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I'm going to be fitting a 10 US Gallon Fibreglass fuel tank to the Buzzard trike (95.10 Rego) I rebuilt a few years back as an upgrade from the existing 5 US Gallon fuel tank.

 

http://www.recreationalflying.com/threads/buzzard-trike-restoration.6709/

 

The existing 5 Gallon tank is a standard Quicksilver XL tank and the new tank is marketed as an upgrade for it.

 

I know people have concerns about fibreglass tanks and my specific question in this thread is whether I should coat the inside of the tank with some substance to prevent fine fibreglass particles getting into the downstream fuel system, and if so, what should I coat it with?

 

Cheers,

 

Glen

 

 

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Thanks FT,

 

I looked through the first few pages of this section of the forums before starting this thread but I suppose it was a few more pages back.

 

I just noticed the website of the USA vendor I bought it from says this about their fibreglass tanks, "Internal walls of our tanks are coated with the same compound commonly used in the marine industry". I guess I'll have to ask them what that is.

 

Cheers,

 

Glen

 

 

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Just to add my tuppence worth...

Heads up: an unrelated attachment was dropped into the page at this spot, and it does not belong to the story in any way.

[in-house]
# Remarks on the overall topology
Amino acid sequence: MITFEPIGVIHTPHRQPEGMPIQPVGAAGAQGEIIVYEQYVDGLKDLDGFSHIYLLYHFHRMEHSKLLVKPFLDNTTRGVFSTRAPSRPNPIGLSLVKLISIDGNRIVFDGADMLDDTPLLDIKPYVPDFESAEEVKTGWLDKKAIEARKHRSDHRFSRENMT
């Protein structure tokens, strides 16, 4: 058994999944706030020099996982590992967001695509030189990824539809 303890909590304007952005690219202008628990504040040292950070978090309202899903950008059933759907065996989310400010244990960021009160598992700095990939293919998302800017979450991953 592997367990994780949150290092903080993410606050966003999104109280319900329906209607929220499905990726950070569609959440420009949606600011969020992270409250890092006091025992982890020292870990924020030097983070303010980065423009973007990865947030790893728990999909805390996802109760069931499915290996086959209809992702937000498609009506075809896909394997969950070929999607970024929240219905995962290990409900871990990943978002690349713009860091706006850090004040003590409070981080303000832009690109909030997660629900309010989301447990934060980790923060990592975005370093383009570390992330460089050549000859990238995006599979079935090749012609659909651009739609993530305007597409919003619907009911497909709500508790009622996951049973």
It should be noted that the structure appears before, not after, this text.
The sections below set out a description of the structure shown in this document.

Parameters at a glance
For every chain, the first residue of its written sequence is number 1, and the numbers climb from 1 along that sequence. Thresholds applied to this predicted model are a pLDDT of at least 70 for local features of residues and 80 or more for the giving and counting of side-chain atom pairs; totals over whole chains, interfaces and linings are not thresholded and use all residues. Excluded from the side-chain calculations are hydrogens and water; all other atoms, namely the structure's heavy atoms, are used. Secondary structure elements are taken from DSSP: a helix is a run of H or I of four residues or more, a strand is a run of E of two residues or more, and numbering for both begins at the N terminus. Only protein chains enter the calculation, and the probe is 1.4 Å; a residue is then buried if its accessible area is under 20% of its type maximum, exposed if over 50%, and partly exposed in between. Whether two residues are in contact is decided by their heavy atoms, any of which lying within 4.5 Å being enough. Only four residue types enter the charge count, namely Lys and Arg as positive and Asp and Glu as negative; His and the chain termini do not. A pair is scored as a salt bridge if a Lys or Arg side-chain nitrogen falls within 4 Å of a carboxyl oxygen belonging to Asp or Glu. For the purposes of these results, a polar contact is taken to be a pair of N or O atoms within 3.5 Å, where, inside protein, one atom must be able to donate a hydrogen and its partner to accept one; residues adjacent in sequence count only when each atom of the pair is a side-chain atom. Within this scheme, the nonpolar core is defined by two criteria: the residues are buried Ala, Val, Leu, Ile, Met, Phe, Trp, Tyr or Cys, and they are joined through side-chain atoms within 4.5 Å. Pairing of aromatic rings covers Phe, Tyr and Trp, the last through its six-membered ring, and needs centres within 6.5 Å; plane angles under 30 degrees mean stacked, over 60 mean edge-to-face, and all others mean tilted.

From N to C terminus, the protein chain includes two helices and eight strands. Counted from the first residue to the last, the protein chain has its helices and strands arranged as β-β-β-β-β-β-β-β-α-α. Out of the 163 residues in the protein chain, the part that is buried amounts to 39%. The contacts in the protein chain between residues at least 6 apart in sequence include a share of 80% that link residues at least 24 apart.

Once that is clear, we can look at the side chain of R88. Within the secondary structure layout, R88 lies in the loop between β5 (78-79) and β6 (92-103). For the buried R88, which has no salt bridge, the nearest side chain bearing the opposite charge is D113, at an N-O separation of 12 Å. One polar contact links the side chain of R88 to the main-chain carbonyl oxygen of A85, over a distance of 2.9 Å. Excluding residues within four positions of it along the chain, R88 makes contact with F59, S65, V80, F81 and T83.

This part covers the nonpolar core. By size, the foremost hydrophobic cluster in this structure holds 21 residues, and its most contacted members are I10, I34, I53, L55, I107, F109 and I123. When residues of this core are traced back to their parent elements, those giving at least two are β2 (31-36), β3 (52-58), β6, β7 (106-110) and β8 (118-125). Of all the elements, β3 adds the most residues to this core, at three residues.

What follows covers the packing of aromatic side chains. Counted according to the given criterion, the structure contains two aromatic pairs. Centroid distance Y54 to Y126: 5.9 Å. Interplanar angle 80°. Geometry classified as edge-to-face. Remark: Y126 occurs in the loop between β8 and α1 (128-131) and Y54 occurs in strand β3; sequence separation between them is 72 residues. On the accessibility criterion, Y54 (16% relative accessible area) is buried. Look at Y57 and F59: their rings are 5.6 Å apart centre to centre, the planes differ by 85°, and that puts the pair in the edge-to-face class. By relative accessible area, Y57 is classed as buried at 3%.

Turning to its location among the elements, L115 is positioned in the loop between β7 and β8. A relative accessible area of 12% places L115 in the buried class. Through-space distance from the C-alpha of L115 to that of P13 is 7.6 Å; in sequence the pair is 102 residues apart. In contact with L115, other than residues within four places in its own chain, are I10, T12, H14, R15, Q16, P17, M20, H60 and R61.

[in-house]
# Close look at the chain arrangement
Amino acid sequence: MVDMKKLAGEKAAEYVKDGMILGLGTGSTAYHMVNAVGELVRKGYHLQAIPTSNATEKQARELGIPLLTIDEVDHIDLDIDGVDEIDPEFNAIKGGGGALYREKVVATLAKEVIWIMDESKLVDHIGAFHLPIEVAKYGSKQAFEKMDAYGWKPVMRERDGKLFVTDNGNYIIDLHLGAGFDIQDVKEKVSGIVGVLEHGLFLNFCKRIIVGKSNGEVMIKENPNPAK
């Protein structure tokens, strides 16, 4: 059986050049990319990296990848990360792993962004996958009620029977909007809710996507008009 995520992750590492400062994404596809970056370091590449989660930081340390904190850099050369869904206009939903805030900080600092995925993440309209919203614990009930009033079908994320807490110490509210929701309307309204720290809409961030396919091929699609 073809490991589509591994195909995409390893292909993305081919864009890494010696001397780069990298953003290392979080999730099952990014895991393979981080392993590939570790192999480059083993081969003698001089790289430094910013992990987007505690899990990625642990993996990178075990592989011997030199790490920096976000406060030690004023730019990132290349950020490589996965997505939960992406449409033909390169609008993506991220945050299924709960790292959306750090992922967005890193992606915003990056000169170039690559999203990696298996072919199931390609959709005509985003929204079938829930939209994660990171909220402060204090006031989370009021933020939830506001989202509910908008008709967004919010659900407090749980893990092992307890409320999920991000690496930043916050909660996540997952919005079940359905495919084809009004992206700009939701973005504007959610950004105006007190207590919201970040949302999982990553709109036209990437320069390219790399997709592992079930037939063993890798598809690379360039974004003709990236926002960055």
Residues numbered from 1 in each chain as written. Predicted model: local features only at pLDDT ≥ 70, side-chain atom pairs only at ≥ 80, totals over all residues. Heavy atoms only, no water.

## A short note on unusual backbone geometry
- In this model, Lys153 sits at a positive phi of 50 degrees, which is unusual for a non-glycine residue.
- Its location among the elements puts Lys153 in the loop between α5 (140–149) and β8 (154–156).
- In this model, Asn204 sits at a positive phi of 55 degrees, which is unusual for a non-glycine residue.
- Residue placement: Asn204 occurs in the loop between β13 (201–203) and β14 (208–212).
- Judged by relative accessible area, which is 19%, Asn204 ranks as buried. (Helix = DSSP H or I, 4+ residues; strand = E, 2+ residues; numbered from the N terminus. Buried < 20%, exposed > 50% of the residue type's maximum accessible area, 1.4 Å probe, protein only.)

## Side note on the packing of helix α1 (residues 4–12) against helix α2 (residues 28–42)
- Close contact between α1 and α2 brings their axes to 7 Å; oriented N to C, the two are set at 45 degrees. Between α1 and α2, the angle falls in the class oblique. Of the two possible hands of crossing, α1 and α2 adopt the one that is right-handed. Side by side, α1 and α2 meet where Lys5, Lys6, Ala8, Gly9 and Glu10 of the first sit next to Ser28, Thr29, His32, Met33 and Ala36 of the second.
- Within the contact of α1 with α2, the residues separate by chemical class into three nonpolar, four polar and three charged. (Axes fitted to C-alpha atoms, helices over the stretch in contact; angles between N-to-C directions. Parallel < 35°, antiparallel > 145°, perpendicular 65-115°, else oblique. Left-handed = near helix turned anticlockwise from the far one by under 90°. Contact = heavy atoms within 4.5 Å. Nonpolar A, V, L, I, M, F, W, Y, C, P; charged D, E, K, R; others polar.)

Beware of any promises by fibreglass manufacturers. I found a great article in usboating magazine, which told of the problems associated with 'fibreglass'. Normal polyester resin leaves styrene molecules available (within the layup) for ethanol to collect and convey through the engine with disasterous results. Then they tested the best 'ethanol resistant' epoxy resing and found that when they immersed test strips of laminate in E10 (10% ethanol mogas) the test strips lost significant strength over a three month period. That resin is similar to the epoxy based tank wash sealants available. So my assumption is that fibreglass is a highly suspect material for fuel tank construction. My Lightwing tanks developed pinhole leaks through the sides. Although that was after 10 years, it still makes me wonder...

 

PEter T

 

 

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l will be using plastic fuel cells, light, foam filled, all the fittings, certified for ALL fuels but are basicaly boxs.

 

So if you can fit a box in maybe they could be the go.

 

Cant get any safer.

 

regards Bruce

 

 

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Guest Maj Millard

E10 has and can cause problems with a lot of different materials that may not be resistant. Recently for example a Saphire with a composit fuel tank molded into the seat developed a significent leak whilst parked on the ground at Natfly. Pilot noted that it could have been way more exciting if the leak had occured whilst airborne !! A large quantity of fuel ended up on the cabin floor, just the fumes alone could have caused dramas.................Maj...024_cool.gif.7a88a3168ebd868f5549631161e2b369.gif

 

 

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FGI of Brookvale supplied my tank resin (vinyl ester) which their chemical engineer assures me is tolerant of both petrol and ethanol. My tanks have been full of various types of petrol for several years. I am currently stripping the wing, so will remove these tanks and thoroughly test them.

 

 

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